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Published: 6/23/2007

Officials hail Veterans' Glass City Skyway at bridge dedication

BLADE STAFF
Keith Watson and his son Jerry, 6, of Oregon, Ohio, admire the Veterans' Glass City Skyway bridge. Keith Watson and his son Jerry, 6, of Oregon, Ohio, admire the Veterans' Glass City Skyway bridge.
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Standing or sitting on a bridge that tomorrow will be filled with moving traffic, state and regional elected officials today officially dedicated the state s new I-280 bridge across the Maumee River.

The ceremony lasted for well over an hour, as elected officials and union leaders hailed the Veterans' Glass City Skyway, the political and community leaders who pushed for it, and the men and women who built the bridge.

Ohio Gov. Ted Strickland, speaking about the bridge as a symbol for Toledo, Lucas County, and northwest Ohio, said: "This wonderful city that we look out upon, in this wonderful region, in the great state of Ohio, is central to all that we try to do to make Ohio move forward to create opportunities for all of Ohio s citizens."

"And I say to the congresswoman [Marcy Kaptur (D., Toledo)] and to the [Toledo] mayor [Carty Finkbeiner], and to all of the political leaders, state and local, that there is no more The Other Ohio. This part of Ohio is central to what is Ohio," Mr. Strickland said, using the term used to describe parts of the state that don t wield the same political clout as the Three Cs Cleveland, Cincinnati, and Columbus.

Several speakers, including Joe Blaze, business manager for Ironworkers Local 55, paid tribute to the workers who lost their lives during the bridge s construction.

A gantry truss crane collapsed in February, 2004, killing ironworkers Mike Phillips, 42; Arden Clark II, 47; Robert Lipinski, Jr., 44, and Mike Moreau, 30, and injuring four others. And last April, a fifth worker, Andrew Burris, 36, a carpenter, was killed when a platform collapsed.

The memories of those workers were commemorated through a moment of silence and a wreath with five flowers that stood for each worker.

"We will never forget the ultimate price [they paid], nor will we forget their families," Mr. Blaze said.

Surviving familiy members of the workers who died during the bridge s construction were called up to the podium and greeted with a round of applause.

In the midst of his praise for the bridge and the people who built it, U.S. Sen. George Voinovich called for the need of more federal money to complete the U.S. 24 "Fort to Port" project, as well as for the widening of State Rt. 2 and U.S. 20.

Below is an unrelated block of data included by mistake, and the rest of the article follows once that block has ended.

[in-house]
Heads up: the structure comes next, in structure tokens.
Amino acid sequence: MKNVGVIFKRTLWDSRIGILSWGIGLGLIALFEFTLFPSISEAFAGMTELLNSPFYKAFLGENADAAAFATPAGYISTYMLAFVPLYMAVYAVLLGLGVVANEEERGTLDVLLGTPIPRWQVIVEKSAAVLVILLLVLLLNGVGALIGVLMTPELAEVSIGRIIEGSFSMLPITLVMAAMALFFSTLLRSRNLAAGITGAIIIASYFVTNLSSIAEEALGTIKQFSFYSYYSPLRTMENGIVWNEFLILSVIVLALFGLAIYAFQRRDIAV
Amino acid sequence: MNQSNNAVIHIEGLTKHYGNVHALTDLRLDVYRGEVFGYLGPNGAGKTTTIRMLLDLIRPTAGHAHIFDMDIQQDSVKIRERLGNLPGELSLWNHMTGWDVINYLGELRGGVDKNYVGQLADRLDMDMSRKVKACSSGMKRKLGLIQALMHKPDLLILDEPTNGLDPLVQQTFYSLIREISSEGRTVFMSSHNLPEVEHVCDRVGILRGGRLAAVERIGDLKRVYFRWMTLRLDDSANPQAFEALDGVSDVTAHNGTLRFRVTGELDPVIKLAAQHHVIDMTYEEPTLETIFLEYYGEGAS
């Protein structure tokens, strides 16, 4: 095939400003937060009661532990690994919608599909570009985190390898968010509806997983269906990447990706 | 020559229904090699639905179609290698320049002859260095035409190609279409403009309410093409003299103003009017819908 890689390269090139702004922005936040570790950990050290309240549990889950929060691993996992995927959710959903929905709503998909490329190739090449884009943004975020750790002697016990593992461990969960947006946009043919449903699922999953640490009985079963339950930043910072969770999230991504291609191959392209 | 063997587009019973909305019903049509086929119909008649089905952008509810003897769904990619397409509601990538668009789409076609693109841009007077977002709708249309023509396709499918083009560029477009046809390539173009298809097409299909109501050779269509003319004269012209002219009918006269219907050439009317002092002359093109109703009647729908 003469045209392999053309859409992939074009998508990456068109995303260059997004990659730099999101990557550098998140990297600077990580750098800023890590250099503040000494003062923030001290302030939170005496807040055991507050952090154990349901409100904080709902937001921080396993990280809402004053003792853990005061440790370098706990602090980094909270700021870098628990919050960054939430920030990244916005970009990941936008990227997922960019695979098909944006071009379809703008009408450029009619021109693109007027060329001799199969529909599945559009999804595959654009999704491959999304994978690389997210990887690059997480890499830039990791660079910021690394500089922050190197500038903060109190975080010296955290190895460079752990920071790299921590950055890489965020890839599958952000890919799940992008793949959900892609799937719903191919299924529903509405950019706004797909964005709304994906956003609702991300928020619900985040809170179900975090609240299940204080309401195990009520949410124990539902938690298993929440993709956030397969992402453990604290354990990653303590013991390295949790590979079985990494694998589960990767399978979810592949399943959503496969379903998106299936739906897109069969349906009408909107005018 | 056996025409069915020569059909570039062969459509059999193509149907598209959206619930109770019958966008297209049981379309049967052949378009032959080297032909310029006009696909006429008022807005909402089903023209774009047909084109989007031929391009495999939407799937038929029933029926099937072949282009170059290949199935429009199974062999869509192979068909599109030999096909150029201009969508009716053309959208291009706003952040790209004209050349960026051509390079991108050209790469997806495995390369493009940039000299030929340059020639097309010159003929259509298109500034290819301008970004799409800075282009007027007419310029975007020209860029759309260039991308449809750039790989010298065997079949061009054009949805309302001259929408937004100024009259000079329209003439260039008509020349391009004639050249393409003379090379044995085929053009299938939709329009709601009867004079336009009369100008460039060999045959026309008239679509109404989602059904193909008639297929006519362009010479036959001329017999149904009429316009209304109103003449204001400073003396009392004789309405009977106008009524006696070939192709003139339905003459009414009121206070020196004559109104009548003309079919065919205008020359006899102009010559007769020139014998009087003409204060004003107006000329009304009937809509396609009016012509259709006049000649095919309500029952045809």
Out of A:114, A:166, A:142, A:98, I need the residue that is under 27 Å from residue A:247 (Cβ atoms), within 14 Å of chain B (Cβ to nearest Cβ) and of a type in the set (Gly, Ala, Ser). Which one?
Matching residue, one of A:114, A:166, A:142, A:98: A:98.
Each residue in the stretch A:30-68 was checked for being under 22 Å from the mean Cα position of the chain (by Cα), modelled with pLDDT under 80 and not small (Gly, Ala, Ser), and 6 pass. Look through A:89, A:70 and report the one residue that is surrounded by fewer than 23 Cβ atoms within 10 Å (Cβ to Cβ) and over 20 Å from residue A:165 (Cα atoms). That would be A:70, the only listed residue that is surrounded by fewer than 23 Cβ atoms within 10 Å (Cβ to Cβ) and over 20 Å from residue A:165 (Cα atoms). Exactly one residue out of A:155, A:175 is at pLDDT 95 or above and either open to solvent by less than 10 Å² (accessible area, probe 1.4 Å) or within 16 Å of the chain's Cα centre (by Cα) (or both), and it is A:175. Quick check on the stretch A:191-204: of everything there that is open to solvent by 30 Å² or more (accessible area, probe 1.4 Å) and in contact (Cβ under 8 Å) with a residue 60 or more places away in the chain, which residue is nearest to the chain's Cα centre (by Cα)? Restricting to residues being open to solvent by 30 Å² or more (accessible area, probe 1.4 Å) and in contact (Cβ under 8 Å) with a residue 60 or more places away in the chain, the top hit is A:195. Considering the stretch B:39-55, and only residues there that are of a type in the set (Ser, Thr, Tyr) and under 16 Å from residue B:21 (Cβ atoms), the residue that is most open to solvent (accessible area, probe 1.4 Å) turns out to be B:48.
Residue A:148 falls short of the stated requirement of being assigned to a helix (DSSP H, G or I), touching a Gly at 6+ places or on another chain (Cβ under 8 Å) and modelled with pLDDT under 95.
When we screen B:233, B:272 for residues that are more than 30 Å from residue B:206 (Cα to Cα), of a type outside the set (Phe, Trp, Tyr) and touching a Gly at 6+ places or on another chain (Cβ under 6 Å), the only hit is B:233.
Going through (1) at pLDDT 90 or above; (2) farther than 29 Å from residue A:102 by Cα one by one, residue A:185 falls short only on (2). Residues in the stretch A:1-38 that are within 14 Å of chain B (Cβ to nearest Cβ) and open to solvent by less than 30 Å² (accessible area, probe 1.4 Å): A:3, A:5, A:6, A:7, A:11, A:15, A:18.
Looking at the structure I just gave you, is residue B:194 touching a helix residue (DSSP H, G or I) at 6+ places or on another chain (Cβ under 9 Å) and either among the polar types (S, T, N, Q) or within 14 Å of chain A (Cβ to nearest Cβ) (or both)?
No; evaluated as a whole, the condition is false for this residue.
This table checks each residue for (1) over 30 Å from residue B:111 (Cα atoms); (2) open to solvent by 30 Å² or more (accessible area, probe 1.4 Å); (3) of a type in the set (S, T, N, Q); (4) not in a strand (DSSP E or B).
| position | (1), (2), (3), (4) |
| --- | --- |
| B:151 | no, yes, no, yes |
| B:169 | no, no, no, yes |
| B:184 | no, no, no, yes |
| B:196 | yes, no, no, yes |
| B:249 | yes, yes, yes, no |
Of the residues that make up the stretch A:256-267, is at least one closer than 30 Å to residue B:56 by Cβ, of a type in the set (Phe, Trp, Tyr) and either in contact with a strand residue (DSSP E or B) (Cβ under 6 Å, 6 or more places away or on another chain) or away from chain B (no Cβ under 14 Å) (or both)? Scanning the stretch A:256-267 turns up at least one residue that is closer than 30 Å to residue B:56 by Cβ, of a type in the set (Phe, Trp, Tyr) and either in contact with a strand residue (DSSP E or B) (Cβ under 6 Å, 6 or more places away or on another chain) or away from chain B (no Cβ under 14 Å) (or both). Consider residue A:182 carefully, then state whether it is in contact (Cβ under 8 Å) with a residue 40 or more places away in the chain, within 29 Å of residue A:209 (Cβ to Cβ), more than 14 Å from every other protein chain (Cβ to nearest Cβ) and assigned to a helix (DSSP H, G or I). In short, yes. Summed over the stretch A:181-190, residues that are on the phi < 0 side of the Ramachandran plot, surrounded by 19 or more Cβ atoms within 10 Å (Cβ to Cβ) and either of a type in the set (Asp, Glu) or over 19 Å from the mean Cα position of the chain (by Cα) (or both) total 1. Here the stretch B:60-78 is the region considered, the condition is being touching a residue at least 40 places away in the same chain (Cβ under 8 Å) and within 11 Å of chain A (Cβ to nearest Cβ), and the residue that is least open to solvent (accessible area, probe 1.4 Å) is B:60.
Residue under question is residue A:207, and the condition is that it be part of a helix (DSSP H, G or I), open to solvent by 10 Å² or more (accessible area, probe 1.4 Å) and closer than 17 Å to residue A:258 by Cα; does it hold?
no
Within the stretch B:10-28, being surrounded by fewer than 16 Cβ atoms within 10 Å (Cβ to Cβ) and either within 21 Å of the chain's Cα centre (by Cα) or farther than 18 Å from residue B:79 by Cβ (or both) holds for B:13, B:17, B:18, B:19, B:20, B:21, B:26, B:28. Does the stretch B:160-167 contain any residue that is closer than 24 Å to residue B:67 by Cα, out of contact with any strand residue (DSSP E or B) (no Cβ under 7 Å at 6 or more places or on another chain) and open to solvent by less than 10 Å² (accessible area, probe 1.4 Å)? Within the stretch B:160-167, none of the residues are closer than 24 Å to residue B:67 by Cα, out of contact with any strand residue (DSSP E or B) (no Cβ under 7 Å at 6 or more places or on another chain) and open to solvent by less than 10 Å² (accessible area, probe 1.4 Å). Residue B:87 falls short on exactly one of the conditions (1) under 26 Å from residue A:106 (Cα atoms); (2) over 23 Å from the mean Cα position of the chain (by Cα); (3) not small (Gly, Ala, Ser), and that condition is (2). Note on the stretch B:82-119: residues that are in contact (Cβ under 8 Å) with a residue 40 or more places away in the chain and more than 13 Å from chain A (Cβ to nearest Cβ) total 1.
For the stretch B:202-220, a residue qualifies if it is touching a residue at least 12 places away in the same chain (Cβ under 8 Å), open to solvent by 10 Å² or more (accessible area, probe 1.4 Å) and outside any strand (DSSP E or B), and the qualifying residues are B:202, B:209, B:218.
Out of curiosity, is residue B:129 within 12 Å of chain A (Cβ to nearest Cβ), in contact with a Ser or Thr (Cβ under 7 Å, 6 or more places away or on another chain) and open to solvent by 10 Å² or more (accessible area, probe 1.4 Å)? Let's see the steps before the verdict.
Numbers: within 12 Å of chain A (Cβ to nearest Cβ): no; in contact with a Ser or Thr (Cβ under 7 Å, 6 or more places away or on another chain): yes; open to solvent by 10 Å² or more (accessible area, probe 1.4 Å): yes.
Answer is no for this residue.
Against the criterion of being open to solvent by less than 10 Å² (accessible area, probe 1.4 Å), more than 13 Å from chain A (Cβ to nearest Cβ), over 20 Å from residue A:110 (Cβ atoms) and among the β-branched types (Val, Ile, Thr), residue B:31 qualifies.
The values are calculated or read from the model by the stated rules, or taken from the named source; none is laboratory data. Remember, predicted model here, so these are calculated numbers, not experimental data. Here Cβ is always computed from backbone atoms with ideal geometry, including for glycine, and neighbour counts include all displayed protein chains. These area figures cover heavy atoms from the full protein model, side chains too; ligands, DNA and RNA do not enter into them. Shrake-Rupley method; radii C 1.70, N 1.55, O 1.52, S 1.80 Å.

Senator Voinovich told Governor Strickland during his speech that he would either be the chairman or vice chairman of the 110th Congress s transportation and infrastructure committee and was going to "work with [Governor Strickland] to make sure we get the money we need."

Carrying cameras, American flags, and bottled water, thousands of Toledo area residents proudly walked across the Veterans Glass City Skyway this morning, just ahead of the dedication ceremony.

Some 65 buses looped around the bridge site to transport the crowds to what many called a "historic event."

"It s a once-in-a-lifetime thing," said Dave Brown of Toledo as he sat on one of the black chairs set up on the span of the bridge. He was wearing a "Toledo Veterans Glass City Skyway" T-shirt. "I ve got two of them," he said.

Governor Strickland, speaking at a breakfast for dignitaries held in the nearby Marina District, called the new bridge, "this incredible structure."

"We are here to celebrate something that is . . . the culmination of intelligence, commitment, investment, and hard work," the governor said.

Many of those who arrived in the first wave of early visitors were veterans or relatives of veterans. Some waved small flags in honor of fallen soldiers, and several Oregon and Toledo residents said they plan to participate in the parade this afternoon.

Roseanne Babiuch, of Toledo, said she was excited to finally be able to see the bridge up close - after keeping a close eye on its construction.

"It s neat," she said. "We ve been watching it for years and I ve been driving back and forth under it for years. It s finally fun to be on top."

An Jumei, who is from China and is a graduate student at Bowling Green State University, also described seeing the bridge as a once-in-a-lifetime event for her and her family.

"I heard there was a big ceremony and this was a really great work," she said. "I wanted to come see it and I wanted my daughter to experience it."

People started showing at 7:15 this morning to line up so they could be on the first bus to the bridge at 8 a.m.

Among the invited guests this morning were several people who were involved in the naming of the bridge.

One of those people, Harley Weide, of Sylvania, who is a WWII veteran, had nominated the name Glass City Skyway.

"Back then it was just an artist s conception in the paper. This was more than a bridge. This was a highway to the sky," he said.

The Dedication was followed by a four-mile race/walk at noon, and a motorized parade of veterans groups and labor organizations at 12:30 p.m.

The $237 million Skyway will open to traffic tomorrow. This might be the only day the bridge is open to pedestrians, and by the size of the early crowds, thousands and thousands of people are taking advantage of the opportunity to click photographs and capture memories.

Read more in later editions of The Blade and toledoblade.com.



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